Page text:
Ten things I learned at the Winchester Writers’ Conference

I love the Winchester Writers Conference. It’s great to be part of such a huge, friendly group of  people who share my passion for writing. The food is good, the instruction is excellent and I always return home with my confidence and enthusiasm restored.

In case you didn’t manage to get there or you went to different sessions, here’s what I bought back from the 2012 Conference.

  1. The digital revolution is gathering speed. On the train to the Conference, I didn’t see anyone looking at a book or newspaper. Everyone was reading Kindles, iPads, laptops or phones.
  2. Self publishing has gained respectability. Although most of the authors I met were looking for a traditional publishing deal, many were also thinking seriously about self-publishing.
  3. Successful self-publishing is now seen as an alternative route to a traditional publishing contract, especially for unagented authors. However, no one was sure how many books you need to sell before publishers became interested or what benefit you’d gain from a publishing deal if you’d already sold 100,000 copies by yourself.
  4. All writers need to have an online presence (or author platform) to help promote their books. This doesn’t just apply to those who are self publishing. Traditional publishers now expect authors to actively help with marketing, and some prefer to work with authors who have already established their platform.
  5. No one is sure which are the most effective social media to use to build your author platform. Facebook, Twitter, blogs and Linked-in were all mentioned but different speakers preferred different combinations. It seems best to concentrate on the ones you are most comfortable using.
  6. Despite the importance of social media, we need to be careful not to let it swallow up all our writing time. Half an hour a day seemed reasonable, but you may need to increase this during crucial periods like a book launch.
  7. Part of marketing yourself as an author involves developing a brand. So your website, blog and business stationery should have a similar feel. (Mine don’t at the moment so expect to see some changes in the coming weeks.)
  8. Book trailers are an up and coming way to promote books, and  they work best when they are interesting or unusual enough to go viral. The one for Knit Your Own Royal Wedding is brilliant, but too difficult for most authors to make by themselves. The one for Stravaganza: City of Swords is less demanding technically but still works well.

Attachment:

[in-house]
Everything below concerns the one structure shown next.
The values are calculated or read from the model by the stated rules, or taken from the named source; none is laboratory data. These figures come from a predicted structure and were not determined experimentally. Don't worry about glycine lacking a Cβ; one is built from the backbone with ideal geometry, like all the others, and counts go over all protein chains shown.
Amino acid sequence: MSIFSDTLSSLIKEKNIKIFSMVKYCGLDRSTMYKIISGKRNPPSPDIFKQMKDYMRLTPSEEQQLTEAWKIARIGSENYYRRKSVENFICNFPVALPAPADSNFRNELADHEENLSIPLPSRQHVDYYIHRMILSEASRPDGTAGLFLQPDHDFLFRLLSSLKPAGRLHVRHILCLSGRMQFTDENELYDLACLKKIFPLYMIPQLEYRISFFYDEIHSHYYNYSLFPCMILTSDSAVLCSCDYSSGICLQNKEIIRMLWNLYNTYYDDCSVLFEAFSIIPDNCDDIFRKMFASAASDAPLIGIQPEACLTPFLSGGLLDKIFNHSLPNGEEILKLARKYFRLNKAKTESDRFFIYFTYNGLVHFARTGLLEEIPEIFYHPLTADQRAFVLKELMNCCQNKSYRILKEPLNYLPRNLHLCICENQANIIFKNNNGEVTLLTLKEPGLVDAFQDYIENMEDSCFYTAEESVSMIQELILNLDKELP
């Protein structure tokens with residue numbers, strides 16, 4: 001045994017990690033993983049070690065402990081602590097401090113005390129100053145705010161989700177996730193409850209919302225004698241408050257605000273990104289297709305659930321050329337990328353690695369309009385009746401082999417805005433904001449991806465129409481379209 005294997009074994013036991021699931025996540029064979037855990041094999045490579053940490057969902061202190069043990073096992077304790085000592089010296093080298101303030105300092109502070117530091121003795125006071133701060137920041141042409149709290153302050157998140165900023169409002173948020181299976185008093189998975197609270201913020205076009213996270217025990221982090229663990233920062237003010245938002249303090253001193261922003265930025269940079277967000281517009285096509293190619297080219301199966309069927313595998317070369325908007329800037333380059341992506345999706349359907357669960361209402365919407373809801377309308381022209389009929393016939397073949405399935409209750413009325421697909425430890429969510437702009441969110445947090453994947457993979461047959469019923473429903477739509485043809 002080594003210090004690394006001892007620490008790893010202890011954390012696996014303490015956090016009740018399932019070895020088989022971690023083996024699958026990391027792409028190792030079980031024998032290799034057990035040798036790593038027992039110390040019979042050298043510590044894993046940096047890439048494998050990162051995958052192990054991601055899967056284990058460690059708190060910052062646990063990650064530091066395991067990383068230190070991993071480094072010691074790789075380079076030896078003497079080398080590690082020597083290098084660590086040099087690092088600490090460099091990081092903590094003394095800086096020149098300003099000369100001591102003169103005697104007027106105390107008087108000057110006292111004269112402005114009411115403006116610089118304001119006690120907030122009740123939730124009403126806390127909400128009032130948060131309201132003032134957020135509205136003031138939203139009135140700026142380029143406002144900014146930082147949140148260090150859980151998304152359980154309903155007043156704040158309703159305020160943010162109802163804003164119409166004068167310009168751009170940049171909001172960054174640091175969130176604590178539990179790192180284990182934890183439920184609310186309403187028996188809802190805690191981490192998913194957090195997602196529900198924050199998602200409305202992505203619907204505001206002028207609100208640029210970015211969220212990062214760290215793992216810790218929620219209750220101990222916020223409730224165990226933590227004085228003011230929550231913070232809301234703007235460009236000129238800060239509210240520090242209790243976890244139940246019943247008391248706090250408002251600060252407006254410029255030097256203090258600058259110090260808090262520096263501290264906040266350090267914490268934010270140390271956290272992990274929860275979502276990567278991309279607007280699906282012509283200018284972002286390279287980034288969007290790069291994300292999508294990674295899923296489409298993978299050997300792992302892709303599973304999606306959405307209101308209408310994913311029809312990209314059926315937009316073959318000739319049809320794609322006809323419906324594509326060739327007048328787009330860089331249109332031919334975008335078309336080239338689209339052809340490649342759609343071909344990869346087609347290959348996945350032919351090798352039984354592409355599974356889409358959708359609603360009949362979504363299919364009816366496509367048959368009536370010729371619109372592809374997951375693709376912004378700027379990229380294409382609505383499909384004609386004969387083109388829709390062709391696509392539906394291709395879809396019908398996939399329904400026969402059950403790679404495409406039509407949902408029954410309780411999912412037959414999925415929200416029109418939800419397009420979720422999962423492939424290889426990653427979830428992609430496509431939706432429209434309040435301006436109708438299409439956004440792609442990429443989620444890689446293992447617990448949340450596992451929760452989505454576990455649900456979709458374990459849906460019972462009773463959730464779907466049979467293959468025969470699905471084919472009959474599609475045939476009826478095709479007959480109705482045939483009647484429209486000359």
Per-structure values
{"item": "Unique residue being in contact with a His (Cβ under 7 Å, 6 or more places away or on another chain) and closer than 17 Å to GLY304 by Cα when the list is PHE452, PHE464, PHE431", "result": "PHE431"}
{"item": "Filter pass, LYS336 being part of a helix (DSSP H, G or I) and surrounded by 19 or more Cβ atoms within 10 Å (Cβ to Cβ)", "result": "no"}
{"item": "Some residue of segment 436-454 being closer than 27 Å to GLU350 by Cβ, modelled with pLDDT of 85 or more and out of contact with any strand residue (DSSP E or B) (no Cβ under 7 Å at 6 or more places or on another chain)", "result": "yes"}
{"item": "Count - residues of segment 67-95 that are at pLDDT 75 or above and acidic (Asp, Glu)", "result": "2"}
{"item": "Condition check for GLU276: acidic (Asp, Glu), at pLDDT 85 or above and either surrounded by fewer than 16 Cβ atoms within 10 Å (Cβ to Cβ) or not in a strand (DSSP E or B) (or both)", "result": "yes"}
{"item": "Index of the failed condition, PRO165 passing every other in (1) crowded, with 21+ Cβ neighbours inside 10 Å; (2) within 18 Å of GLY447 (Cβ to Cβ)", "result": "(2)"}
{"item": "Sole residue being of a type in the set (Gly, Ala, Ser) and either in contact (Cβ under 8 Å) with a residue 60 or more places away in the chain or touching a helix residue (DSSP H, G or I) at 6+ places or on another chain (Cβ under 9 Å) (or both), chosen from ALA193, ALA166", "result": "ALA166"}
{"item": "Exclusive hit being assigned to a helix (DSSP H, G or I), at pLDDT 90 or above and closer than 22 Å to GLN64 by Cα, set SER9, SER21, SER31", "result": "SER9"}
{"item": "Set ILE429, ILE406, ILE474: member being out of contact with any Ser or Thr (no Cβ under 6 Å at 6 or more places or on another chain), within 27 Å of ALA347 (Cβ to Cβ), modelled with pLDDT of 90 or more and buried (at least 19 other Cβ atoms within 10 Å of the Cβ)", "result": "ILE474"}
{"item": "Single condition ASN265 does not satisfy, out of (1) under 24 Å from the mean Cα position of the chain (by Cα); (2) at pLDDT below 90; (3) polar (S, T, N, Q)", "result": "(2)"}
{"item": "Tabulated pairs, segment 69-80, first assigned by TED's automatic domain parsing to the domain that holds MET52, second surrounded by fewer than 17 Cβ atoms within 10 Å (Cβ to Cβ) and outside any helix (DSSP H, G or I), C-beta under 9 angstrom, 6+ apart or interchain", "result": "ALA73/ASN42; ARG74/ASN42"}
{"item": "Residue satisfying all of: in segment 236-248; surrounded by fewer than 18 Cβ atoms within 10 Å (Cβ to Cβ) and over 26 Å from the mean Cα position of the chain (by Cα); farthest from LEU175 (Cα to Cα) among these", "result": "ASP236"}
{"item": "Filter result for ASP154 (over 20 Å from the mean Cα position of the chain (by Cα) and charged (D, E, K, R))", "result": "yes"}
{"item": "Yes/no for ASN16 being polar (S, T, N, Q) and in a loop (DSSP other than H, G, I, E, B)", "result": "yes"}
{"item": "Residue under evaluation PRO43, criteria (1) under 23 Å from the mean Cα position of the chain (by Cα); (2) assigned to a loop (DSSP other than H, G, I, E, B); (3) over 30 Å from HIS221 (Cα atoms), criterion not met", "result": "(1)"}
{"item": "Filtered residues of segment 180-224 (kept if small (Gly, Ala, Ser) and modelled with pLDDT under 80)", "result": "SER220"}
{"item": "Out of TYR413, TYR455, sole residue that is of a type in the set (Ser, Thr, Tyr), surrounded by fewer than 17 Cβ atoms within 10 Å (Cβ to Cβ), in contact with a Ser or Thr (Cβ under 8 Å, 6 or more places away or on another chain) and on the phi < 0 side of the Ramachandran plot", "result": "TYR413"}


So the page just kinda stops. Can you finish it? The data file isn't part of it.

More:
9. It’s now possible to sign ebooks using Kindlegraph.
  10. Analysing your plot in a different way can help you discover why it’s not working. Thanks to this exercise, I now know how to improve The Green Sheep – the book I’ll be publishing after There Must Be Horses.

If you are interested in self-publishing, you’ll find plenty of information to help you on www.helpwithpublishing.com.

2 thoughts on “Ten things I learned at the Winchester Writers’ Conference

  1. NEDavid

    Yes, the digital revolution in publishing is gathering pace and you feel that the old ‘bricks and mortar’ establishment will soon be swept away. Personally I’m finding being online and going ‘epubbed’ quite liberating. It’s much more fun than continually sending out to agents and publishers and getting a constant stream of rejections. At least the work is ‘out there’ and the reading public can make up their own minds about it. As for half an hour a day on social networking, that just ain’t enough. I’m doing 2 to 3, but perhaps that’s because I’ve got a launch imminent.
    Overall, the Winchester weekend was brilliant – packed with practical information, provided you picked the right courses. For the most part I did and I thoroughly enjoyed it.

    1. Diana Kimpton Post author

      I agree with you about the feeling of liberation. I’m not sure that the traditional system will be swept away, but it’s definitely going to change. It’ll be interesting to see what happens in the next couple of years.

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